Art History Majors Face Highest Unemployment Rates, Report Shows

Art History, Visual and Performing Arts, and Graphic Design majors across the nation are associated with the highest rates of unemployment compared to other areas of undergraduate study, according to data collected by the Federal Reserve Bank of New York (NYFED) for the first quarter of 2024. Adding insult to injury to recent survey findings showing that a majority of New York-based artists experience financial instability, NYFED’s report reveals that over half of art history and arts majors are “underemployed,” meaning working jobs that don’t require a college degree.

In an online interactive data chart, NYFED examines the career placement trends and median wages or salaries of recent graduates compared to those of people with only a high school education, divvying up the data by college majors for a clearer picture of the labor market. As of February 2024, people who majored in Art History in undergrad held an 8% unemployment rate and a 62.3% underemployment rate, despite having the highest level of education out of the creative majors included in the report, with 43.8% also holding graduate degrees. Fine Arts majors are practically neck and neck with art historians, with a 7.9% unemployment rate, but pull ahead slightly in field placement with a 55.5% underemployment rate.

On the other hand, Performing Arts majors come through at a 5.5% unemployment rate, but lead in underemployment out of the included creative studies fields at 65.3%. Graphic designers, while primarily only holding Bachelor’s degrees according to NYFED, had the lowest underemployment rate in the creative sector at 33.7%.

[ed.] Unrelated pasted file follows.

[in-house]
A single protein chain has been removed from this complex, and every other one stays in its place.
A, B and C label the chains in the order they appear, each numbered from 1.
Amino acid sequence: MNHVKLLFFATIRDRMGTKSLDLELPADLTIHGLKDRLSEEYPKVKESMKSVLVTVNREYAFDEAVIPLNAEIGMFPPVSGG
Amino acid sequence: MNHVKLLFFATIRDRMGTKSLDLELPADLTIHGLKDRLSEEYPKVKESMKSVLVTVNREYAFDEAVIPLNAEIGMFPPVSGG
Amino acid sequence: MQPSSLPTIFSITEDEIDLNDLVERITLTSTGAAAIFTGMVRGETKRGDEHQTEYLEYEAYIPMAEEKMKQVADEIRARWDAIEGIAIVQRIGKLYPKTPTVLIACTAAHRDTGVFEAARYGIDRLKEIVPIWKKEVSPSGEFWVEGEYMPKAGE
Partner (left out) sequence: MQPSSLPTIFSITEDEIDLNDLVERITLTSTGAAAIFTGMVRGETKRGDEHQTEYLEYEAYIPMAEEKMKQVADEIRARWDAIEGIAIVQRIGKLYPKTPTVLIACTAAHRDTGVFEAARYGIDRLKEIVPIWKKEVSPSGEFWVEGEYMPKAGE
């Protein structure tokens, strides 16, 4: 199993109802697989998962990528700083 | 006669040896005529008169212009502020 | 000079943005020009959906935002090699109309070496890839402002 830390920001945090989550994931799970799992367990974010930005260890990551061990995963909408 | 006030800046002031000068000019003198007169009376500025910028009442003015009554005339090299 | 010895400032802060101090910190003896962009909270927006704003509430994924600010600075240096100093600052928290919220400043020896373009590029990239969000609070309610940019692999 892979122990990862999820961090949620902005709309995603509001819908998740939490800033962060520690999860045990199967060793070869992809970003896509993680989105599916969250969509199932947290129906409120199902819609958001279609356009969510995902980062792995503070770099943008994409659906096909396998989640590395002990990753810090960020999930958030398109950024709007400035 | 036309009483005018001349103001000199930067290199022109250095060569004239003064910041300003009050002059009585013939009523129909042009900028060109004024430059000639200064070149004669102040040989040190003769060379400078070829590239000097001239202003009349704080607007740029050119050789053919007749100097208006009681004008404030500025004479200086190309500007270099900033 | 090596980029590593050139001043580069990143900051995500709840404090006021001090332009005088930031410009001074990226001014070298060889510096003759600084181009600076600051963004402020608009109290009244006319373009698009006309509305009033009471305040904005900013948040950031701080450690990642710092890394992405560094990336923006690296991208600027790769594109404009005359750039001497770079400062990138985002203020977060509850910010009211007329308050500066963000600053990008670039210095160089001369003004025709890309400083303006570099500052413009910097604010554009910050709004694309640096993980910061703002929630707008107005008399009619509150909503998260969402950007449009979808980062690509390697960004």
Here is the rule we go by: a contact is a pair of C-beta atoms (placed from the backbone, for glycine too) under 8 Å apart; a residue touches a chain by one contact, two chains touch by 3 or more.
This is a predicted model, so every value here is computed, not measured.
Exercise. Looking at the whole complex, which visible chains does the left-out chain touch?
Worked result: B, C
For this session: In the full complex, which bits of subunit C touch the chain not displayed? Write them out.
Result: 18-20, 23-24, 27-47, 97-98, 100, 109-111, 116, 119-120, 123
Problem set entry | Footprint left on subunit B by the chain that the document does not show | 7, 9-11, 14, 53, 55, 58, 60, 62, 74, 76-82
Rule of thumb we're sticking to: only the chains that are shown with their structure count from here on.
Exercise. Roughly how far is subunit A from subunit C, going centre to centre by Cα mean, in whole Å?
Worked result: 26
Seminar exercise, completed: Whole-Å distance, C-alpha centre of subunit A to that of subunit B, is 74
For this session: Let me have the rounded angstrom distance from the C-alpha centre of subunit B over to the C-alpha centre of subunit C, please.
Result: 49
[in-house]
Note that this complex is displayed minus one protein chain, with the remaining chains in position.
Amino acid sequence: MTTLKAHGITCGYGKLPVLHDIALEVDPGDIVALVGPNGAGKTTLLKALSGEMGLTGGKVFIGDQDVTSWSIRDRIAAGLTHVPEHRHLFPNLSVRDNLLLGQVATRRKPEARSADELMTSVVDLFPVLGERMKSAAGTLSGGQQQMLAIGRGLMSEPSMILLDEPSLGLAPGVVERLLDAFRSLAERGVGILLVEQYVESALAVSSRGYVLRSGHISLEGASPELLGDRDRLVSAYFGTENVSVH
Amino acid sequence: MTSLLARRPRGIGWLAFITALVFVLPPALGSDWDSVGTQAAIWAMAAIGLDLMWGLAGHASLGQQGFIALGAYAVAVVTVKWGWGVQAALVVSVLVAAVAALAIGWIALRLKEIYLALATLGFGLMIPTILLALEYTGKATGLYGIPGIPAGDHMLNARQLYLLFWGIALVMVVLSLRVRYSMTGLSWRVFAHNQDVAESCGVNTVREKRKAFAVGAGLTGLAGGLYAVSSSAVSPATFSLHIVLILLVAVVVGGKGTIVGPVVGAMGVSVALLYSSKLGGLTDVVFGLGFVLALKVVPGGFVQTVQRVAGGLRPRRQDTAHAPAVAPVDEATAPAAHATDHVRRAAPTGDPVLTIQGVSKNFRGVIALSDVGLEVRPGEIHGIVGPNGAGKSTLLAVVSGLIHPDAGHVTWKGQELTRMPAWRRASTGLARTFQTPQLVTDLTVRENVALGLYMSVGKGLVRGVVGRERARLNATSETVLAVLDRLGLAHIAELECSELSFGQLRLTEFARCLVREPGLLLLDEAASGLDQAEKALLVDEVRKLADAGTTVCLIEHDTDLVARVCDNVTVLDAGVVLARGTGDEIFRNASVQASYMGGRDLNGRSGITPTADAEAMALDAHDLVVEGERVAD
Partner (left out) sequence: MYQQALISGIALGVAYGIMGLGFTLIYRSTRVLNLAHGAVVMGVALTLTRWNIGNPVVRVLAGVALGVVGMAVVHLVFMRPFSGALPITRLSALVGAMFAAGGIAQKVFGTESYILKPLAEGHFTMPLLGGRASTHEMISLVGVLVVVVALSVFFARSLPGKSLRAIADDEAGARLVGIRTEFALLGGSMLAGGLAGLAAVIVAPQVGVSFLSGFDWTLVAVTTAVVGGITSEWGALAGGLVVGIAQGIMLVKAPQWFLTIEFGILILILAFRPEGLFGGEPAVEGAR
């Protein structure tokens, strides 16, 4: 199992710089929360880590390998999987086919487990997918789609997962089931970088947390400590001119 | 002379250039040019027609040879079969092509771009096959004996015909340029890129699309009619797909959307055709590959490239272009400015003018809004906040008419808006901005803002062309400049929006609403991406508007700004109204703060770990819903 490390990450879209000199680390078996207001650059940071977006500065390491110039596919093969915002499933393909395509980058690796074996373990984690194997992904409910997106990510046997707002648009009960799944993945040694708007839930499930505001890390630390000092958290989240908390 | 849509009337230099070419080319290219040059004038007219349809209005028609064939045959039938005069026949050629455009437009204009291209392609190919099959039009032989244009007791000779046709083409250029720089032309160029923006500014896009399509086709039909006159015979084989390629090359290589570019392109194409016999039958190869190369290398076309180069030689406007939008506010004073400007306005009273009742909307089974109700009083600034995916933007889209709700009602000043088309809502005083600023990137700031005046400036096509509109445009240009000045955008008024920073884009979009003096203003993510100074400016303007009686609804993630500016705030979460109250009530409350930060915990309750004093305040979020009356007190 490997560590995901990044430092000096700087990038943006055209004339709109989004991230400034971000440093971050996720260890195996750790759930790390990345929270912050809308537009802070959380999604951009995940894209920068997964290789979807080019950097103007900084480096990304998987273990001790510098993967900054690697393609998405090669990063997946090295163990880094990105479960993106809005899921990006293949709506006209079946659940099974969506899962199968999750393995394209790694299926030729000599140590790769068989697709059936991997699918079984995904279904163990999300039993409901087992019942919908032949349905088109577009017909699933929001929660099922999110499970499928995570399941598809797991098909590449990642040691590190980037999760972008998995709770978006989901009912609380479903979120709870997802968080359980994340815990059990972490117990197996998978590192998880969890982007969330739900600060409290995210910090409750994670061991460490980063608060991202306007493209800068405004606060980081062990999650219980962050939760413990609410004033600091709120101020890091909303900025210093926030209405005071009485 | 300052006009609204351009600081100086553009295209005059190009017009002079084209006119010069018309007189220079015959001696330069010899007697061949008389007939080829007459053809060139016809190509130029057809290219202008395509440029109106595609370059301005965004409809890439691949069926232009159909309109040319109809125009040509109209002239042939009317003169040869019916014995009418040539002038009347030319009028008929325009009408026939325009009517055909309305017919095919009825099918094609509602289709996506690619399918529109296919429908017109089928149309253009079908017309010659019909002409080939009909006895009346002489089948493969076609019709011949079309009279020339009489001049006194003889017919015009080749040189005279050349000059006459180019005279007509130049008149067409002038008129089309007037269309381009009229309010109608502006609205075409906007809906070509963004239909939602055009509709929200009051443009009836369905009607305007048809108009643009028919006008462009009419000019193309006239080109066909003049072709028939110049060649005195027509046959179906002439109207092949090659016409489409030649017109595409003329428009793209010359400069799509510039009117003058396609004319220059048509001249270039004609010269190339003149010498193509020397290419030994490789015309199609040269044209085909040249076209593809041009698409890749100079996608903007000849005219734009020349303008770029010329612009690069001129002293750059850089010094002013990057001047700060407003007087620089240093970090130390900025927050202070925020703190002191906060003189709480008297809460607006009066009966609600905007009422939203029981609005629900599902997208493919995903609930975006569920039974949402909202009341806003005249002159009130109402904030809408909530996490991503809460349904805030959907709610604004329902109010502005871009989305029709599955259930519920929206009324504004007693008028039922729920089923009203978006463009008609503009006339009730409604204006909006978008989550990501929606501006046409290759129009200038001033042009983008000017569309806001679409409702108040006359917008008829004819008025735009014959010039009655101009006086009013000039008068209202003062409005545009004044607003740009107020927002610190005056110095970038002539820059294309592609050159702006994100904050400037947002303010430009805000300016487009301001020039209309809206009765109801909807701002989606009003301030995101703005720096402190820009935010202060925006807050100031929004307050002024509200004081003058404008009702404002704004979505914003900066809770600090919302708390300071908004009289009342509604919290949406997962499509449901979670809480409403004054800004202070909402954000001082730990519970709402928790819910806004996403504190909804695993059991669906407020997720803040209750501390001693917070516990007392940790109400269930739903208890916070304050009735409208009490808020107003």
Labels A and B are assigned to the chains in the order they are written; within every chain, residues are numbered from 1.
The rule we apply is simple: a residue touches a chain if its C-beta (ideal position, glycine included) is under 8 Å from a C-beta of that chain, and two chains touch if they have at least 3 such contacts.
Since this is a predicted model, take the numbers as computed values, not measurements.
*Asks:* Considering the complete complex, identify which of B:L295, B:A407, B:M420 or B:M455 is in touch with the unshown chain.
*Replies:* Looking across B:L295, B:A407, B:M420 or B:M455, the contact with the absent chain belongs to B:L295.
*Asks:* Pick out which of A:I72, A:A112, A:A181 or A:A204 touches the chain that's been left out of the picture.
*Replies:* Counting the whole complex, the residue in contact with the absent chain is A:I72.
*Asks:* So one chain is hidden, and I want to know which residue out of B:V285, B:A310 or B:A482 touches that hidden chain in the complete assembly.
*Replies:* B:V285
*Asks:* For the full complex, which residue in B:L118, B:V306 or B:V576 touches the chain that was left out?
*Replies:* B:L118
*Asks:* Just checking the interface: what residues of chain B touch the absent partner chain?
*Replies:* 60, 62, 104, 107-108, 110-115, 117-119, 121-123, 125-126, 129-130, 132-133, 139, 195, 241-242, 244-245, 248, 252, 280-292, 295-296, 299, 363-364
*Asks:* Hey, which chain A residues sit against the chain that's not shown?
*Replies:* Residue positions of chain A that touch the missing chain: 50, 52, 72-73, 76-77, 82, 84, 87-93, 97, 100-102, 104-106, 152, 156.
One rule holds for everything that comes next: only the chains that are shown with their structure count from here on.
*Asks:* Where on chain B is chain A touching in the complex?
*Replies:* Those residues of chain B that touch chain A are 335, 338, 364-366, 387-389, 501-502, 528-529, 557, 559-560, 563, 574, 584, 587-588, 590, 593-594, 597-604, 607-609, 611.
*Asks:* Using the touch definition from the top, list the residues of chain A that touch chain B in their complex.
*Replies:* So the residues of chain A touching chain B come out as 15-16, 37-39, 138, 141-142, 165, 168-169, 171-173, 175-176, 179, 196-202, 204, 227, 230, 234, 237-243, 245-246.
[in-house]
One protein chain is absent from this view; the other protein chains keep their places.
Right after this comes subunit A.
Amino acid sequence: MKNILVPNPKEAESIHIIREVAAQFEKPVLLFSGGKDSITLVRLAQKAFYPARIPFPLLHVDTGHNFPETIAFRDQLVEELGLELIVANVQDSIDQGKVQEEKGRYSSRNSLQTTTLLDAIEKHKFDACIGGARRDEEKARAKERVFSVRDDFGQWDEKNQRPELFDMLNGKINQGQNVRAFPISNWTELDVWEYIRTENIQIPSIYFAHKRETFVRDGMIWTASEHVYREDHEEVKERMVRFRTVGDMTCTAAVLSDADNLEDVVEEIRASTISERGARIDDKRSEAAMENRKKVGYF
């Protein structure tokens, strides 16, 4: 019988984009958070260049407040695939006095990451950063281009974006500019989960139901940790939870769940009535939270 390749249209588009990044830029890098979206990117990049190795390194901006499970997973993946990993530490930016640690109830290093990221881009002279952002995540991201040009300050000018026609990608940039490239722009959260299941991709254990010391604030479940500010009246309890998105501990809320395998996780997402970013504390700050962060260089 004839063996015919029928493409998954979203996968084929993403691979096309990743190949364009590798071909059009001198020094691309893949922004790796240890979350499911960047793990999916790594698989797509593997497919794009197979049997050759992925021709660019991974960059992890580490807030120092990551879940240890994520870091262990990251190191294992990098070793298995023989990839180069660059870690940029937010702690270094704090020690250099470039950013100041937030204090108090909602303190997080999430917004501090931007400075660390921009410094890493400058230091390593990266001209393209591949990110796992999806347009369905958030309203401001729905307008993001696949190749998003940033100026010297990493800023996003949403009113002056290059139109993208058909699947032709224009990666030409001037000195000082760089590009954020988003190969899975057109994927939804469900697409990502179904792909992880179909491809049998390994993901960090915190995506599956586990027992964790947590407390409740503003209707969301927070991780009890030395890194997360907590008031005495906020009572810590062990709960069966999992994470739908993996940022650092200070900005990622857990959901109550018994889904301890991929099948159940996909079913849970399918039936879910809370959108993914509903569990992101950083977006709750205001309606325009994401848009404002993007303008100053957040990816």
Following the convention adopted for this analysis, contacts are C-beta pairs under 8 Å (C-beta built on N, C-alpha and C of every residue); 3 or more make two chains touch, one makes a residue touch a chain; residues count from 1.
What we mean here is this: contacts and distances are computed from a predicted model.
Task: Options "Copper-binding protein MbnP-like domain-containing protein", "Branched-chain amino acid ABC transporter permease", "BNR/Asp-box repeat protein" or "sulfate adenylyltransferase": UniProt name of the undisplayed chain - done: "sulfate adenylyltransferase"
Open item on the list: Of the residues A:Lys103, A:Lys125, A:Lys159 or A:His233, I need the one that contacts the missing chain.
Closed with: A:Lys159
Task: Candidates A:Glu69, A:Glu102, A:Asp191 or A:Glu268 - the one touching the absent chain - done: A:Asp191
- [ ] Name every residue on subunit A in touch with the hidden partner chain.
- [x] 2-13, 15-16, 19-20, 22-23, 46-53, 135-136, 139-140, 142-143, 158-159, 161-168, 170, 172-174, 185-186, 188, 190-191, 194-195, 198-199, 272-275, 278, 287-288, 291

The numbers don’t inspire a lot of confidence in an already dicey labor market that prioritizes the STEM fields. For comparison, Industrial Engineering, Construction Services, and Medical Technician majors lead the way in job placements, and various engineering tracks boast minimum six-figure median salaries by mid-career (ages 35 to 45, according to NYFED).

Despite the harsh career prospects, it doesn’t look like Arts and Culture degrees are going anywhere anytime soon. University of California’s Berkeley Campus reported a 121% increase in first-years declaring majors within the school’s Division of Arts and Humanities between 2021 and 2022, while Arizona State University boasted over 4,000 students in the same department as of 2021. And a recent report summarizing the results of a 2022 survey conducted by the Strategic National Arts Alumni Project (SNAAP) found that 75% of arts and design alumni between ages 18 and 64 have occupational responsibilities related to their field of study. “An occupation-based understanding of employment is important, but a limited means to understanding the value generated for an individual and the social value that applying skills as an artist or designer in the workforce can generate,” SNAAP’s report reads.

Laura Frantz, an undergraduate Studio Art advisor at Hunter College in New York City, told Hyperallergic that when answering student inquiries about careers and opportunities, she underscores that “there’s no linear or pre-determined path” one can refer to in the creative field compared to other tracks, but those who study art and art history “often times end up pursuing extremely rewarding and interesting career paths for themselves.”

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